12. Transportation:
You may or may not be able to stay where you are, though it is usually the best in many scenarios. But some call for evacuation, often suddenly. Not only vehicular, but alternative means, with a way to carry the gear in addition to the people. A vehicular BOV if possible, Motorcycles, bicycles, animals, on foot.

Since, in my opinion, the majority of disasters do not call for bugging out long distances, if at all, transportation is down here on the list. If you live in a tsunami zone, near an active or soon will probably be active volcano, you might want to up the priority level. And if you have children or pets or both, evacuation on foot is very difficult and calls for some more sophisticated measures.

I consider LBE (Load Bearing Equipment) part of transportation. This is equipment to carry your gear and supplies when in the field. BOB/BIB/GHB/INCH bag/GOOD bag, etc. Packs, travois, game cart, bicycle. I am a proponent of taking more than what you can comfortably carry in a back pack. Especially if you have children. Definitely consider having some type of cart to carry heavier weights than you can on your backs, and give the little ones a chance to get off their feet.

13. Tools/Hardware/Cordage:
Besides fire/lighting/and sharps, you will need tools to fix things with, and some hardware to make the repairs to keep the above items in good repair, available, and useable. To get you out if you’re trapped in, to get in to someone that is trapped. Tools and parts to make and repair items. 100+ feet of 550 cord for the BOBs, plenty of rope of several types for general use.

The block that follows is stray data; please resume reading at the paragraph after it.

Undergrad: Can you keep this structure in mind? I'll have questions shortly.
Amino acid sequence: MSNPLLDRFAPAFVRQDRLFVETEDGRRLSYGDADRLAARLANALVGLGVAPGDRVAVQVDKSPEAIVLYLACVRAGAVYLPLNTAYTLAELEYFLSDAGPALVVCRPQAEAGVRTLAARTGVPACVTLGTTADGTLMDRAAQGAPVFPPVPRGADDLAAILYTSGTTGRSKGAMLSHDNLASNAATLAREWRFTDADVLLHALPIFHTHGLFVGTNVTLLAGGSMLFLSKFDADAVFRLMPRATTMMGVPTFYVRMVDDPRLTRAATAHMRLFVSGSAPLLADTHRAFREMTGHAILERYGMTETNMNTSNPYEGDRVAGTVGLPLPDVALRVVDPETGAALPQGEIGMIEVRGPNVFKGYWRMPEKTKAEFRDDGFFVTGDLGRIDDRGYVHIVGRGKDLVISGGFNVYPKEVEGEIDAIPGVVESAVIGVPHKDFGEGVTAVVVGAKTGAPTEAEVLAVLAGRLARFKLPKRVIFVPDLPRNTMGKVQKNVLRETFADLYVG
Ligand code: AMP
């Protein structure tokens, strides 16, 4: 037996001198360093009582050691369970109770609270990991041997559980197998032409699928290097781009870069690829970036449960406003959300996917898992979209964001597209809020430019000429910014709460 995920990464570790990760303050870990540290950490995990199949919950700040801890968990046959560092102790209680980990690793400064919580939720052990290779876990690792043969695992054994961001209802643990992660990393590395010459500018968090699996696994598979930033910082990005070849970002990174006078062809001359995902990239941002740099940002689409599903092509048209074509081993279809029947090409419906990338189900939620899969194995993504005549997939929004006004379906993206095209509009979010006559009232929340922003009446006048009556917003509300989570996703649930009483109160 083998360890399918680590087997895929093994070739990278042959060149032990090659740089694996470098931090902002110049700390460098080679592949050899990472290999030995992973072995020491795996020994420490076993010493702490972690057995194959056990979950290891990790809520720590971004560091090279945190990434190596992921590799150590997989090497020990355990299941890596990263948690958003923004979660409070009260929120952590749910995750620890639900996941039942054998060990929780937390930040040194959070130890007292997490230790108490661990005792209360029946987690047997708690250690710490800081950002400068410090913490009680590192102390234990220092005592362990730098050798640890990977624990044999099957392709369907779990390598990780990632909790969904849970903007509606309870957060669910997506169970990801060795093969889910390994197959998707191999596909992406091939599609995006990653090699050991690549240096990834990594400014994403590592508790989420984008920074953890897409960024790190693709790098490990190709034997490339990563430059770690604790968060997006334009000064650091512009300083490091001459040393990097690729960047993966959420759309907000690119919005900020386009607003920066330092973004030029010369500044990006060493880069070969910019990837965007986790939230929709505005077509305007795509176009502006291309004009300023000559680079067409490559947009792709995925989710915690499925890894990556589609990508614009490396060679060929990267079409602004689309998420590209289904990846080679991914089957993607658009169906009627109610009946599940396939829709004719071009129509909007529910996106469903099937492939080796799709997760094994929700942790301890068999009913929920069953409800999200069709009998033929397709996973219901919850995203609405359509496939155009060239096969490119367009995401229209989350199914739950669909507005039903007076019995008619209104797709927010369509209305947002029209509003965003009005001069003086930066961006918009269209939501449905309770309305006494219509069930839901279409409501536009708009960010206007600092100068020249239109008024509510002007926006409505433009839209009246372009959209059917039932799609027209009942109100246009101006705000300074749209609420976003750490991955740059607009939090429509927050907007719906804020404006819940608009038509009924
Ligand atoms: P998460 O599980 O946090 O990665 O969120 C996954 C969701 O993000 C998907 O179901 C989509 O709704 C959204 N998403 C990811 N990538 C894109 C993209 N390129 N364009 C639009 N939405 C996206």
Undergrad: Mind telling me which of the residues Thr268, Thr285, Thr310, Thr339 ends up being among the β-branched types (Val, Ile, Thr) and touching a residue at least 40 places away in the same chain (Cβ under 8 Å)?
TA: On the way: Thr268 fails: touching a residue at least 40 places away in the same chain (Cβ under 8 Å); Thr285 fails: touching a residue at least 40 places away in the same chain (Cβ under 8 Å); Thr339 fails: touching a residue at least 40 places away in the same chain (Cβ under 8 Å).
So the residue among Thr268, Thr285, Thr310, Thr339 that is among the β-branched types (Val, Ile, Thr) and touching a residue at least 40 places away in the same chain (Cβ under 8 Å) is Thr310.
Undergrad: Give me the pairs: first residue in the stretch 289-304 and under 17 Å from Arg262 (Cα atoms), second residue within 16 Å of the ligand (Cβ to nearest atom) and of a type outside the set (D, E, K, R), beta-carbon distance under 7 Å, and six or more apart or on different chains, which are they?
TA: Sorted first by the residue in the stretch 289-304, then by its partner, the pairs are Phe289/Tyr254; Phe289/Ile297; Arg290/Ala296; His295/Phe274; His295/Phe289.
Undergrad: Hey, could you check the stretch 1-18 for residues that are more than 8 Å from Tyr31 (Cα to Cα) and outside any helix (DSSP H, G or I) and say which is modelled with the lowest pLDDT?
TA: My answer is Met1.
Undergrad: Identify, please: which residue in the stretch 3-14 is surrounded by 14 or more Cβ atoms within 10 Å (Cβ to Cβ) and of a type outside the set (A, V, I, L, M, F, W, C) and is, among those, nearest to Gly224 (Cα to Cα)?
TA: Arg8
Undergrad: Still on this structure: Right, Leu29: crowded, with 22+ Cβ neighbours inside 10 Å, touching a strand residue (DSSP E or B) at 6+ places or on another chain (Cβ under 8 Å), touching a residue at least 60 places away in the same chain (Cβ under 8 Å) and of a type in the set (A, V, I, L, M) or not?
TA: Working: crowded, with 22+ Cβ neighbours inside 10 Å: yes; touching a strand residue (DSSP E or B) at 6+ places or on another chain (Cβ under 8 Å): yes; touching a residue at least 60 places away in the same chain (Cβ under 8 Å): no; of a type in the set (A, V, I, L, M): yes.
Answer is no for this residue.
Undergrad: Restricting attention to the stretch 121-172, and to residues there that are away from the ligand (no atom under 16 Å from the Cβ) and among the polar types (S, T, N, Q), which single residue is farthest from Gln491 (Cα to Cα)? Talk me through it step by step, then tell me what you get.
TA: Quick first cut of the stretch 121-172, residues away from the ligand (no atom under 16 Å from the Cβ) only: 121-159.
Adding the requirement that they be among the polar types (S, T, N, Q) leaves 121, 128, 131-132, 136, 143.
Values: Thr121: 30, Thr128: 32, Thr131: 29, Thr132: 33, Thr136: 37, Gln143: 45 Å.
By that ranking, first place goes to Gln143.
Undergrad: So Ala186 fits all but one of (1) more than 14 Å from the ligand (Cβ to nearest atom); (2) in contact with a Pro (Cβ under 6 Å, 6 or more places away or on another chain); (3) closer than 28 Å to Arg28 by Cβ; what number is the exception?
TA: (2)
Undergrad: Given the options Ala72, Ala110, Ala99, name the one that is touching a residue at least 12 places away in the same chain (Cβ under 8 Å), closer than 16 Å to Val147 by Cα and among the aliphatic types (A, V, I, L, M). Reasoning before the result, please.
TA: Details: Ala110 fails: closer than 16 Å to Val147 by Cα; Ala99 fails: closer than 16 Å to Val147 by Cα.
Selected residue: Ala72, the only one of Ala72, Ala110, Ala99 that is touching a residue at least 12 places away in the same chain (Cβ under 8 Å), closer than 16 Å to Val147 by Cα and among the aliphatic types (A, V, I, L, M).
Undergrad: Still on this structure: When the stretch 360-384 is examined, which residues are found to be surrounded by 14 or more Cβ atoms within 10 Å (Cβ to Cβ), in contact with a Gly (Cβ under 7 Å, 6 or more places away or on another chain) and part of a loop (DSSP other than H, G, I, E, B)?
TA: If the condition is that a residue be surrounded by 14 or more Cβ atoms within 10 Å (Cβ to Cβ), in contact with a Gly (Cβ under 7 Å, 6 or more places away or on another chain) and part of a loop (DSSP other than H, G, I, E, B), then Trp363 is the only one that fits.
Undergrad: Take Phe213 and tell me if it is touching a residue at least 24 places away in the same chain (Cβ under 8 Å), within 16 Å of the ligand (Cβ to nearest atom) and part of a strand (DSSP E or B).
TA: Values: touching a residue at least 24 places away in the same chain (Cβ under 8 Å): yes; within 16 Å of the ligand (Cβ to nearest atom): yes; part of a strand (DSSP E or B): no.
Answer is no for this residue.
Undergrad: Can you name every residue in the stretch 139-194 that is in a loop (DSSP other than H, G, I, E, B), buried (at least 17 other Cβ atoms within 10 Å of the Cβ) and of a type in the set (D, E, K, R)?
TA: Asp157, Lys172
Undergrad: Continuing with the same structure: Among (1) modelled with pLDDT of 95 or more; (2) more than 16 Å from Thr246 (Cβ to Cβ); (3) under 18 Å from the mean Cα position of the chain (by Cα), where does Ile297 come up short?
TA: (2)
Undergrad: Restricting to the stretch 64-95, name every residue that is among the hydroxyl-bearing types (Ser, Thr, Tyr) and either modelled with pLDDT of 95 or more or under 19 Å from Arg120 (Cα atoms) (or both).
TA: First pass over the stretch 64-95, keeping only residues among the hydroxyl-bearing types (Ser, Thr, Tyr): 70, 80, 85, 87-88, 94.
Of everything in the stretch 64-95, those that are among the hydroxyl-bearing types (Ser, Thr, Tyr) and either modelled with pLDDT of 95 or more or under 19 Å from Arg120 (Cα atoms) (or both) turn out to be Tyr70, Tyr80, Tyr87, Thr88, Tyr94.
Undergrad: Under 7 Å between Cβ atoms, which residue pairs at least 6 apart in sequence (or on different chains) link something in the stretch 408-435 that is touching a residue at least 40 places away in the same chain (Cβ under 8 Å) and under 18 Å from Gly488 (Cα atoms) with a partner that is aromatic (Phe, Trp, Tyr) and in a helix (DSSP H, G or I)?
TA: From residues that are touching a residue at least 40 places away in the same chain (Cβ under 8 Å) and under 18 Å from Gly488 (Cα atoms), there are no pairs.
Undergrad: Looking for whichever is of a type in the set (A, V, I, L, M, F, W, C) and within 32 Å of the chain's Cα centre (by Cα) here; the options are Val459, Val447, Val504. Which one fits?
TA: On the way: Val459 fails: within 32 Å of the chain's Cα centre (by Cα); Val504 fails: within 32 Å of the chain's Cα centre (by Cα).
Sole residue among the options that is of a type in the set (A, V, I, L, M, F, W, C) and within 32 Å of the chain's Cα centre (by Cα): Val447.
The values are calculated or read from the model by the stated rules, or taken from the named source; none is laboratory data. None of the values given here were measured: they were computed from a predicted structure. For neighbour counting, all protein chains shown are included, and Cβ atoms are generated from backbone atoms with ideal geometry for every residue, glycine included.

Not everyone knows how to use many of the specialty tools, or are physically unable to. These are primarily for at the scene of a disaster, but some items can be carried in the evacuation kits for minor things on the road. This also includes fishing equipment/hunting equipment/traps/game prep equipment, wild edibles books and gathering equipment, etc for gathering wild foods.

14. Camping gear:
You may not be able to stay in your home, for a variety of reasons. Having adequate camping gear for the family, whether staying in the back yard or when bugging out, can keep you out of a community shelter and simply make life easier. The gear addresses most of the basic human needs, just in a relative portable package. And much of the gear can be used indoors if need be if the power and other services are out. And if you do need to bug out, in bad weather, the gear can be lifesaving.

15. Important Documents:
Having documentation after a major event can be critical for getting help, or avoiding problems. You will need to have originals or copies of IDs for everyone, contact lists, copies of insurance cards, etc. There are several lists of what you need to have. This is another thing that, though probably doesn’t need to be budgeted for (except to get replacement birth certificates and passports) does need to be planned out and executed over time.

You will be working with agencies of the government and big business with some of them and it just takes time. Start early and finish when you can will hopefully be good enough. It is serious enough for me to remind parents about children’s immunization records. Those could be a big deal.

16. Education & Reference Works:
You are going to need to how to do a lot of different things during and after a major event. Start accumulating as you see books and things on sale. Read over them and then put into good storage. Practice those things that are advantageous for ordinary times. Gardening, home canning, auto repair, and wild food gathering and the list goes on. This is long range planning. If you don’t already know how to hunt and fish, and process wild foods, you might want to work it into your schedule as you get more prepared.